English 101- 1:00
1 November- 2010
When filling out official documents like census forms and school applications, people are required to answer all sorts of questions. One of which is the requirement to specify a person’s ethnicity and where a person is from. The purpose of indicating your ethnicity to some is very doubtful. One might ask, does this really matter or does it pertain to this particular survey? There is much speculation and confusion that goes with this one question when asked. Whoever the surveyor may be, and whatever the survey is about, they have every right to ask this particular question to fully identify which ethnicities take part and discover which race is more likely of doing something.
To illustrate the opposing views of racial identification, one must fully be aware of where they come from and how they depict themselves. Many opponents agree that categorizing themselves as an “other” on official documents and censuses is unnecessary and makes a person feel they are not a person. No one will fully be 100% of a particular ethnicity, therefore making it impossible to distinguish someone under the most commonly referred ethnic groups of being White, African American, Pacific Islander, Hispanic, and Asian on censuses and applications. Using race as a way to determine the different ethnicities of people and organize them is unnecessary. John Whitehead comments on the topic “Take for example people such as Tiger Woods, Barack Obama, or maybe even Tiger Woods’ kids how would they determine their race” (Whitehead). Melissa Algranati believes “she has basically lived a chameleon-like existence for most of her life” (Algranatti 700). Melissa grew up seeing the assimilation her parents went through and questioned why they did this when America was supposed to be the land of the free.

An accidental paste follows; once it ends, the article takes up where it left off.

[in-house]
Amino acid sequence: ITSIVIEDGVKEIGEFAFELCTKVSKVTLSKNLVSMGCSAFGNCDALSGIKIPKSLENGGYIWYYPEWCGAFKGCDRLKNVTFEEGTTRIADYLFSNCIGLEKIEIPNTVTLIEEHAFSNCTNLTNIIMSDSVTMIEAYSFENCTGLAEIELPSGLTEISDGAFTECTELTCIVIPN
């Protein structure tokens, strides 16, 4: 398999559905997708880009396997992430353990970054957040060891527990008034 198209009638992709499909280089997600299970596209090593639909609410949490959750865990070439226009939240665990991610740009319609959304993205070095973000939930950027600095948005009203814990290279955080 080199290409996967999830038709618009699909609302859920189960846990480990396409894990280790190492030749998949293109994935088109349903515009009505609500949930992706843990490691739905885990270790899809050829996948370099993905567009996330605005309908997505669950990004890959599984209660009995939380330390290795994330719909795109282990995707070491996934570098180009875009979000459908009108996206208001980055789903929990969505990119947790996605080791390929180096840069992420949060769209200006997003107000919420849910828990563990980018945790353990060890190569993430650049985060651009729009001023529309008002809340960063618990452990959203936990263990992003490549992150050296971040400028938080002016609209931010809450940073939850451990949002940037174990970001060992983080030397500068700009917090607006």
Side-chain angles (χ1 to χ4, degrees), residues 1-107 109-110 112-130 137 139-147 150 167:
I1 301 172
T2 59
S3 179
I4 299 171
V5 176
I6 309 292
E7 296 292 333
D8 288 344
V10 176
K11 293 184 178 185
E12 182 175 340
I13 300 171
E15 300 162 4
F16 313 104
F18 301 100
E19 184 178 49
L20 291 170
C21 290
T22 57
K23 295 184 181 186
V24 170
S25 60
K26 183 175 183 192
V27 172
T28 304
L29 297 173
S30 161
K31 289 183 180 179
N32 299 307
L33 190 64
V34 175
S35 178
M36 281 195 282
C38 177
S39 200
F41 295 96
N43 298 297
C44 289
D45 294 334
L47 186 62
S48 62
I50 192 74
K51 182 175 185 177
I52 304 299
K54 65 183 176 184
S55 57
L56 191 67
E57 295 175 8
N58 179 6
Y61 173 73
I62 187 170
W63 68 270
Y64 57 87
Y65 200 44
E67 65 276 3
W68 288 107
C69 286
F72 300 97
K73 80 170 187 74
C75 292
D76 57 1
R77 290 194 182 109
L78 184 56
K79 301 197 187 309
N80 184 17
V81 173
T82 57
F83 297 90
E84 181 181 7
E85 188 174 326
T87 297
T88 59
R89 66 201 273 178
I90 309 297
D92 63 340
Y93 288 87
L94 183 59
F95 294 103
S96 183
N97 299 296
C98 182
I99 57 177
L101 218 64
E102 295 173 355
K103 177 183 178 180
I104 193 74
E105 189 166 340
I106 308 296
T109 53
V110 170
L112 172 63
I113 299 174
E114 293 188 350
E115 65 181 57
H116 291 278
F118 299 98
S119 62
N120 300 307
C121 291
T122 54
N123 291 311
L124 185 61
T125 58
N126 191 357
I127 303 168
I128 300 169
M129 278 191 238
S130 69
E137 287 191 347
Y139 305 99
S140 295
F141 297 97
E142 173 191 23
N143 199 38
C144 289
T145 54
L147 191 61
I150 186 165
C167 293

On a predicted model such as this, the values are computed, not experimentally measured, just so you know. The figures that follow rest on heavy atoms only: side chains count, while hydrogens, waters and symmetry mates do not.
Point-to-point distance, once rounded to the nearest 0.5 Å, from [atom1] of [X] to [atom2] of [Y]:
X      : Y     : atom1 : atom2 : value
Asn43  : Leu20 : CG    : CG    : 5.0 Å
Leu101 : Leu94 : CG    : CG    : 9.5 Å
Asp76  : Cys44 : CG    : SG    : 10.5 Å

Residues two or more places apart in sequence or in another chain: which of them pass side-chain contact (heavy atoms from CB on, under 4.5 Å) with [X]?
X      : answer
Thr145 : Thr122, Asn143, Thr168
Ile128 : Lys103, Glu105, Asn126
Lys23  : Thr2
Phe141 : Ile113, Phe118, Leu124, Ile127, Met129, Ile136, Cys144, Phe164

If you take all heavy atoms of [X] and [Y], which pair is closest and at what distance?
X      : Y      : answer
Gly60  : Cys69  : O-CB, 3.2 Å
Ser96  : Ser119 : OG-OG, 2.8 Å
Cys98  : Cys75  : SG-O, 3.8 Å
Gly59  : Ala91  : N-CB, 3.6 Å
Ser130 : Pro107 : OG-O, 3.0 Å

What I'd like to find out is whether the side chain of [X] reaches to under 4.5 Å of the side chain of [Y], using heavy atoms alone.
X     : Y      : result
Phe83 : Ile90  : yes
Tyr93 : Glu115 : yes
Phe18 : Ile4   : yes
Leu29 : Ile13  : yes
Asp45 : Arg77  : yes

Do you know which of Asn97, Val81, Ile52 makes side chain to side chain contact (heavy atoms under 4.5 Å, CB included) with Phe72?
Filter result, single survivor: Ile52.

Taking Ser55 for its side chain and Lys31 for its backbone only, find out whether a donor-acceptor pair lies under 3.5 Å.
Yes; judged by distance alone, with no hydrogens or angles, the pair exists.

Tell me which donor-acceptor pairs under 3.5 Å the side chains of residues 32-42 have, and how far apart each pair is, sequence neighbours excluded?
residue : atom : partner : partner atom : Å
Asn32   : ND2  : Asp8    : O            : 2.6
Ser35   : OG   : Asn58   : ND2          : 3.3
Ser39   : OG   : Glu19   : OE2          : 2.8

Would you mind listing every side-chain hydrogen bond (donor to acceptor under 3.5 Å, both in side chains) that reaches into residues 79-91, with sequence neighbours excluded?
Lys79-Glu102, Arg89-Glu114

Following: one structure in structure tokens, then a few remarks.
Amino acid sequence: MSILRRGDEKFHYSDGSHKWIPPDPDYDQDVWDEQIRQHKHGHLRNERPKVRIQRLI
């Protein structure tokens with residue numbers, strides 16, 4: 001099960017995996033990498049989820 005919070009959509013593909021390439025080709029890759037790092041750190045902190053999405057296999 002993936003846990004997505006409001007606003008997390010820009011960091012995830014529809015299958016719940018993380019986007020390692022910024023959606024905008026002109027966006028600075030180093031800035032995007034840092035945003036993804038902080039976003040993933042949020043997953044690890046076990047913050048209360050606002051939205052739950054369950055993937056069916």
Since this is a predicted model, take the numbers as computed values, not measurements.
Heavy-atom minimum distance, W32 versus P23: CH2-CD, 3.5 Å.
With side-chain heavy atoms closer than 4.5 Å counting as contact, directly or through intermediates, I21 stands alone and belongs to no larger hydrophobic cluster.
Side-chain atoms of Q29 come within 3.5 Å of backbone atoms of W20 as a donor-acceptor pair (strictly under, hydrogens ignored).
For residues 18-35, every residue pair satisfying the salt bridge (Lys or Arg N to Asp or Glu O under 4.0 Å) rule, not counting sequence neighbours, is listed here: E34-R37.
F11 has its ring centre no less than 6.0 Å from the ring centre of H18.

In the same manner of John Whitehead, people do not live their lives the way they want when they...